neither of us can be who we are without football. it’s true the way a cardinal can’t be a cardinal without both wind beneath it & red about it & some nights when i look out into it, into the night & the blacks so close to blue, i can pretend that there’s something that tastes better than the pharmaceutical dust i fell for at fifteen, . . .
The reader is plunged into the personal space of the speaker and the Friday night “stadium light” which hovers like an aura around the poem’s subjects. The block format enhances the metaphorical space between pieces. One of the work’s central themes, that of bodies filling time and space, is emphasized in the final line and a half of this single block of text:”i was like you, down there, beautiful & fatalistic, a body filling time & space. I was once nothing too, nothing chained that couldn’t be unchained by stadium light.” The reader is provoked by these bodies “filling time and space,” both the bodies of the poetic subjects and the bodies of text which shift and evolve on the page throughout the work.
Drifting from the football field back out to wide-open space, Lester invites the reader into a scriptural reverence of our participation in evolutionary development.
there was once the heavens & the oceans. there was once the chicken & the egg, there was once the atom & the eve & then gunfire. . . . our hearts & hands & eyes, all small star critters etched into some rock. the rocks will outlast us & anything we had to say about us. & we the mason jars of lightning bugs in the dark.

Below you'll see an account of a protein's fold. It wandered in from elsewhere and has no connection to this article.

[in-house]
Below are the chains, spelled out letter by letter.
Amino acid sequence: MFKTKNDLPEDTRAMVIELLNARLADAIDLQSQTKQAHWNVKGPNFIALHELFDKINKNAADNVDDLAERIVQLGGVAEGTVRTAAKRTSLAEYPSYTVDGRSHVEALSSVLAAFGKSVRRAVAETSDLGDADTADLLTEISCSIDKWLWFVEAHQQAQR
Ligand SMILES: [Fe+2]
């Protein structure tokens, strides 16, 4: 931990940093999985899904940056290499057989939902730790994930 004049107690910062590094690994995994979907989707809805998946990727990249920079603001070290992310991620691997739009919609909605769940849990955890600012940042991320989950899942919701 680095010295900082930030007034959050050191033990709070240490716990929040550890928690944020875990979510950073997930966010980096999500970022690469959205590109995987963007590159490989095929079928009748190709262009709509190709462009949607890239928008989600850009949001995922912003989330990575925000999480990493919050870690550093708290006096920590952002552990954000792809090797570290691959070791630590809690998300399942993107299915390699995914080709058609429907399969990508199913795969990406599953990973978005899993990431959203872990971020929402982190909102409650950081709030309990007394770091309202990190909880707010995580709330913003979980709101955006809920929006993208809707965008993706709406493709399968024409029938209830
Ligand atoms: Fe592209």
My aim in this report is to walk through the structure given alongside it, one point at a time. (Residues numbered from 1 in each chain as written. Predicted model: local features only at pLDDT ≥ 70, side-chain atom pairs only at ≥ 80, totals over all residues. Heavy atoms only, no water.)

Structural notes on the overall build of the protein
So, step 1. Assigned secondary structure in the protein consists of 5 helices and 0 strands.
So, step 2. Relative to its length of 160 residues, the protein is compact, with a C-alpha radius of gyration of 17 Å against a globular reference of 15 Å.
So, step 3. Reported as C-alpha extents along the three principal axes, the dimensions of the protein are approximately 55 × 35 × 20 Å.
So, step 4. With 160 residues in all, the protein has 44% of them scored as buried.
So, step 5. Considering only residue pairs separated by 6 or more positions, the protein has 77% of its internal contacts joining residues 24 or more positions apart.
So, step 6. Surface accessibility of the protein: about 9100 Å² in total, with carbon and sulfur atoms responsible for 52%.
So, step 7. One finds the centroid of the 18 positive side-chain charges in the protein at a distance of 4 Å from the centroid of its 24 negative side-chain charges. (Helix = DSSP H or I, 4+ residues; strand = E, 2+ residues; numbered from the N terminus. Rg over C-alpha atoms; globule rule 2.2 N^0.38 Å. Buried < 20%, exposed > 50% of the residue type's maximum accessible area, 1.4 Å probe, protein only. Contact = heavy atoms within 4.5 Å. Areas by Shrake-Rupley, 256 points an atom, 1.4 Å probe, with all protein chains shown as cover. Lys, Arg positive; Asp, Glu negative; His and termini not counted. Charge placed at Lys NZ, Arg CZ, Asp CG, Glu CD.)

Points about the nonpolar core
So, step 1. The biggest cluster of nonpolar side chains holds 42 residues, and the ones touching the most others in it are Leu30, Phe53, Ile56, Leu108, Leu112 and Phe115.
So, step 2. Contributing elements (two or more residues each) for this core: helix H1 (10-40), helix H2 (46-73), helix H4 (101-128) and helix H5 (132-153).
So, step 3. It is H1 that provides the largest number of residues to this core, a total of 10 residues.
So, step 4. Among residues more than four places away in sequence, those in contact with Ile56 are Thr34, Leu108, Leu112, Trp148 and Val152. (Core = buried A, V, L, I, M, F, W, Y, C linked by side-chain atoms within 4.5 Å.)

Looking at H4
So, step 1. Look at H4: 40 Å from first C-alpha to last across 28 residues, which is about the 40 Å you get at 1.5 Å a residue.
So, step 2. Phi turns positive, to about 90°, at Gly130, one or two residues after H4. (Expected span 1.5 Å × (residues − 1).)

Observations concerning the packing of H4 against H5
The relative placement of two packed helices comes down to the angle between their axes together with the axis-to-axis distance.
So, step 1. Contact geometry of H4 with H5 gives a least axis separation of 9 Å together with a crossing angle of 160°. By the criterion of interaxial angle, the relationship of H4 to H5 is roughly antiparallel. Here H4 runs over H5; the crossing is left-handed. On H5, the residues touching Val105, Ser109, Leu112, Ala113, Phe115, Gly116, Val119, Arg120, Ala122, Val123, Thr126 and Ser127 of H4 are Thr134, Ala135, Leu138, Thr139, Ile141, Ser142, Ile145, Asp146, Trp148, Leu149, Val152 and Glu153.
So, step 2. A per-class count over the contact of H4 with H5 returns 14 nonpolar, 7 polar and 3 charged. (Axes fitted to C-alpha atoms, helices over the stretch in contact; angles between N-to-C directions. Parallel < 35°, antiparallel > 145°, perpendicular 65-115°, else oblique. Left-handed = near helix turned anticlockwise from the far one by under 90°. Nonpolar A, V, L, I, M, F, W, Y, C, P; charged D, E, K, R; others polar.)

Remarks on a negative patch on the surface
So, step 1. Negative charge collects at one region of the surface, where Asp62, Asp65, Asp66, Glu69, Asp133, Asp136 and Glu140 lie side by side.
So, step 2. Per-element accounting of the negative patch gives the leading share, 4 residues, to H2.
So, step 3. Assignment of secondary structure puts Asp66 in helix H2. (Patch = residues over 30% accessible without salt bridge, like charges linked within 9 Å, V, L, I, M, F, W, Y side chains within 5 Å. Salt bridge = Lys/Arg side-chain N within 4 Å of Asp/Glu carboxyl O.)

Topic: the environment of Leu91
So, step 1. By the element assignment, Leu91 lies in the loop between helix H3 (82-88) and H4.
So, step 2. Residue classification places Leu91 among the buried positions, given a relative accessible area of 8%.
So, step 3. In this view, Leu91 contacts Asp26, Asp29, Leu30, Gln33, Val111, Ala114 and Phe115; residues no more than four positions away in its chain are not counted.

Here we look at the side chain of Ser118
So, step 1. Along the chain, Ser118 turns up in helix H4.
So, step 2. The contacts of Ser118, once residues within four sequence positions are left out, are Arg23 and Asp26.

The poet’s deft move from oceans, atoms, Eve, the chicken and the egg to the simple bittersweet act of capturing lightning bugs in Mason jars, evokes childlike awe through the lens of natural selection, a Darwinian concept evoked by Lester’s poetic acumen.
Lester shifts the reader’s attention from “arctic tundra” to “fourth of july sparklers” in “it begins as it always begins, i couldn’t help from thinking,” a longer poem that skips from line to line with no break—no breath. The shorter pieces in the collection float by, some traditionally lineated, some in one and two line stanzas. However, in certain poems, Lester’s two-line stanzas overtly resist the term “couplet:”
& nelly’s syntax makes us believe
in what entire flocks of seagulls can be capable of,
miles from a beach.
every time a person takes a selfie,
a piece of them dies.
a little, a sacrifice to the selfie gods,
she says. grow a beard & close your eyes when you kiss me,
she says, with her eyes closed.
Beginning lines with ampersands, deconstructing period placement and pauses produced by commas and white space, the writer subtly disrupts the rhythm of the couplet.